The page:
Australia Voluntary dying law clears NSW lower house
This is what people in NSW will need to do before they end their life if voluntary assisted dying becomes legal
As NSW Parliament gets closer to voting on the Voluntary Assisted Dying Bill, this is what will have to happen before a terminally ill person can end their life if the law is passed.Unlike in some other jurisdictions, the voluntary assisted dying bill wasn't introduced by the state government, rather than by independent MP Alex Greenwich.
A majority of NSW lower house MPs have voted to give terminally ill people the right to choose to end their lives, but must now plough through more than 160 suggested changes to the proposed law.
The Voluntary Assisted Dying Bill passed by 53 votes to 36 in a second reading vote in the NSW Legislative Assembly on Thursday evening.
If the historic reform secures majority support in the upper house next year, it will make NSW the final state in Australia to embrace voluntary assisted dying.
NSW parliament resumes dying bill debate
NSW parliament will resume debate on a voluntary assisted dying bill, with Treasurer Matt Kean and former Nationals Leader John Barilaro among its proponents.NSW Treasurer Matt Kean and former deputy premier John Barilaro are among 38 MPs who have argued for a voluntary assisted dying bill during the debate.
Before it reaches the Legislative Council, the lower house is debating some 167 amendments proposed by both supporters and detractors of the bill.
MPs sat late into the night on Thursday and will continue their debate on Friday, the final sitting day for NSW parliament for the year, in a bid to send the bill to the upper house by year's end.
Meanwhile, the upper house is holding an inquiry to the bill throughout December and will report back before the first sitting day of 2022.
Independent Sydney MP Alex Greenwich, who's spearheaded the bill, on Thursday condemned amendments he said had been put forward to ensure the bill would never pass or commence.
Dying With Dignity president Penny Hackett said advocates of the reform hadn't popped the champagne yet as they were used to disappointment.
Support grows for NSW assisted dying bill
Debate on a voluntary assisted dying laws will resume in NSW parliament, with Treasurer Matt Kean and former deputy premier John Barilaro among the proponents.NSW Treasurer Matt Kean and former deputy premier John Barilaro are among 38 MPs who have backed the bill during the debate.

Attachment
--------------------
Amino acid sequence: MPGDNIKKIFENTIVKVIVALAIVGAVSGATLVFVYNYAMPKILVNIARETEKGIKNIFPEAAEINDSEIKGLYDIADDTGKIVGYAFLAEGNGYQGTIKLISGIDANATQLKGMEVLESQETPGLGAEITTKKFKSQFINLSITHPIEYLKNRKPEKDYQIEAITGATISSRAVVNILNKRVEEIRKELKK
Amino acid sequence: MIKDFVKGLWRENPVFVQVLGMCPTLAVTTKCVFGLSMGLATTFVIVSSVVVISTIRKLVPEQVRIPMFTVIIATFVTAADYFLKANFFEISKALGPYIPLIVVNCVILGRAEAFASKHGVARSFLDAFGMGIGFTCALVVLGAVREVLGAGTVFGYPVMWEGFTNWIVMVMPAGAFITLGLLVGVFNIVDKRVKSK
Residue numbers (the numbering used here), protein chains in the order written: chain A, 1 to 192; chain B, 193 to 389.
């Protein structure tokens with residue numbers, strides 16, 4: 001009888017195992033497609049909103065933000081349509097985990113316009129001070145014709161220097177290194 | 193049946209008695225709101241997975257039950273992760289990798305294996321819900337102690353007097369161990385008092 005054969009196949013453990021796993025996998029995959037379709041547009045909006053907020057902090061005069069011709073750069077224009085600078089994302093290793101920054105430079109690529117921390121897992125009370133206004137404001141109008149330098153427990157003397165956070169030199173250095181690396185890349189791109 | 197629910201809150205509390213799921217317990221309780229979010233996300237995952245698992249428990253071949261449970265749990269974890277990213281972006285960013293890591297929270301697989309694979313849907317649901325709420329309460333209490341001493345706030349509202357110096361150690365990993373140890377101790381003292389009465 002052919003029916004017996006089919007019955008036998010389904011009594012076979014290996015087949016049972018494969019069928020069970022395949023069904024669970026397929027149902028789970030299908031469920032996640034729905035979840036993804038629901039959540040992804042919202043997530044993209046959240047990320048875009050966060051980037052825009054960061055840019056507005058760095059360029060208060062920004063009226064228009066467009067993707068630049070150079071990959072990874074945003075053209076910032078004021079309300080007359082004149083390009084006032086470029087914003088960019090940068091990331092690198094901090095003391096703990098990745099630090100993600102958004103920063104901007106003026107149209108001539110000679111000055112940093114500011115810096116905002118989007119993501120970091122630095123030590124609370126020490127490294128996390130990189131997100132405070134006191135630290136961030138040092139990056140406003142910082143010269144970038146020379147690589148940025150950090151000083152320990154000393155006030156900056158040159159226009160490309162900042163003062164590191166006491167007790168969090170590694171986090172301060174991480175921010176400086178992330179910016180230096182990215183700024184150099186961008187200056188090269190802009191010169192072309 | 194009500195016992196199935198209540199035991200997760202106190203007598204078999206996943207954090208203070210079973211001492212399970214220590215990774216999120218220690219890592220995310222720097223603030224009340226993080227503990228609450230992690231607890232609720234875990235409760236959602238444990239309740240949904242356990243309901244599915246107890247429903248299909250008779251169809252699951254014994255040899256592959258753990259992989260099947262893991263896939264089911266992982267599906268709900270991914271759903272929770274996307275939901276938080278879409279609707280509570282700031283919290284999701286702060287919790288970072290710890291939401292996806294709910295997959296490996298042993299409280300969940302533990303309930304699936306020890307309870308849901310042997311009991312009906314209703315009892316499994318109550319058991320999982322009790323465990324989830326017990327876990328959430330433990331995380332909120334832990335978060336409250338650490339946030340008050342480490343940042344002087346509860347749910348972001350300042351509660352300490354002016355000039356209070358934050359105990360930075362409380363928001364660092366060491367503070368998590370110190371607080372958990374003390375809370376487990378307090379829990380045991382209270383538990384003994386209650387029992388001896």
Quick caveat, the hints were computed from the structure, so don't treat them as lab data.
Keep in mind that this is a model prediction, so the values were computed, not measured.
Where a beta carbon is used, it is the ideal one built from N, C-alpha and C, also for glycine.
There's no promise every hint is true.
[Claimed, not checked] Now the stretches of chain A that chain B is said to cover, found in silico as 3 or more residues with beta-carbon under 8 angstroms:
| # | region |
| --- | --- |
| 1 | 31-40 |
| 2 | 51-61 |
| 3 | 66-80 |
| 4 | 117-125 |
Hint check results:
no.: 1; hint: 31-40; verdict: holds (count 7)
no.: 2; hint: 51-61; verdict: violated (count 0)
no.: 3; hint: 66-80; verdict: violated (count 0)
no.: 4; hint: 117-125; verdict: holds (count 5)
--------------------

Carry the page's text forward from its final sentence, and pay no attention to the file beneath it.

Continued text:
While Ms Hackett is "incredibly pleased" that the bill has reached this point, she's worried that the amendment process will "fundamentally change the nature of the bill in ways that are detrimental to dying people".
Ms Hackett is concerned that amendments could impose additional requirements for medical assessments, and increase bureaucratic hurdles and waiting times.
"All of which is put forward in the interests of extra safeguards, but the reality is that they are designed to and will have the effect of making (the laws) very difficult for very vulnerable people to use," she said.
Health Minister Brad Hazzard was among the MPs to speak in favour of the bill on Friday.
The veteran MP had not supported euthanasia for the first 29 years of his three-decade career in parliament, but he said this bill was different.
Mr Hazzard became emotional as he recalled holding his mother's hand and asking her to squeeze it if she wanted palliative care, knowing that death might come more quickly if she did.
His mother squeezed his hand. She died the next day.
Mr Hazzard said that voluntary assisted dying does not "remove the importance of the value of palliative care".
"What it does do is give choice to those who are approaching the end of their life, to those who might suffer (what) none of us would want family members or friends or anyone to suffer, to enable that person to control their own passing."
He also said he couldn't withhold a right from NSW residents that Australians in all other states have.
PM 'fully supports' action by NSW and VIC with Omicron fears growing .
The Prime Minister Scott Morrison has said he 'fully supports' the action taken by New South Wales and Victoria amid growing fears over the super-contagious Omicron strain of Covid-19. But Dr Paul Griffin, Director of Infectious Diseases at Mater Health in Brisbane, said it was still too early to judge the risks of Omicron.'I don't think we're back to square one. I mean, I think a lot of us thought this is what this virus is going to keep doing, going to keep evolving and we are going to keep finding new variants,' he told ABC.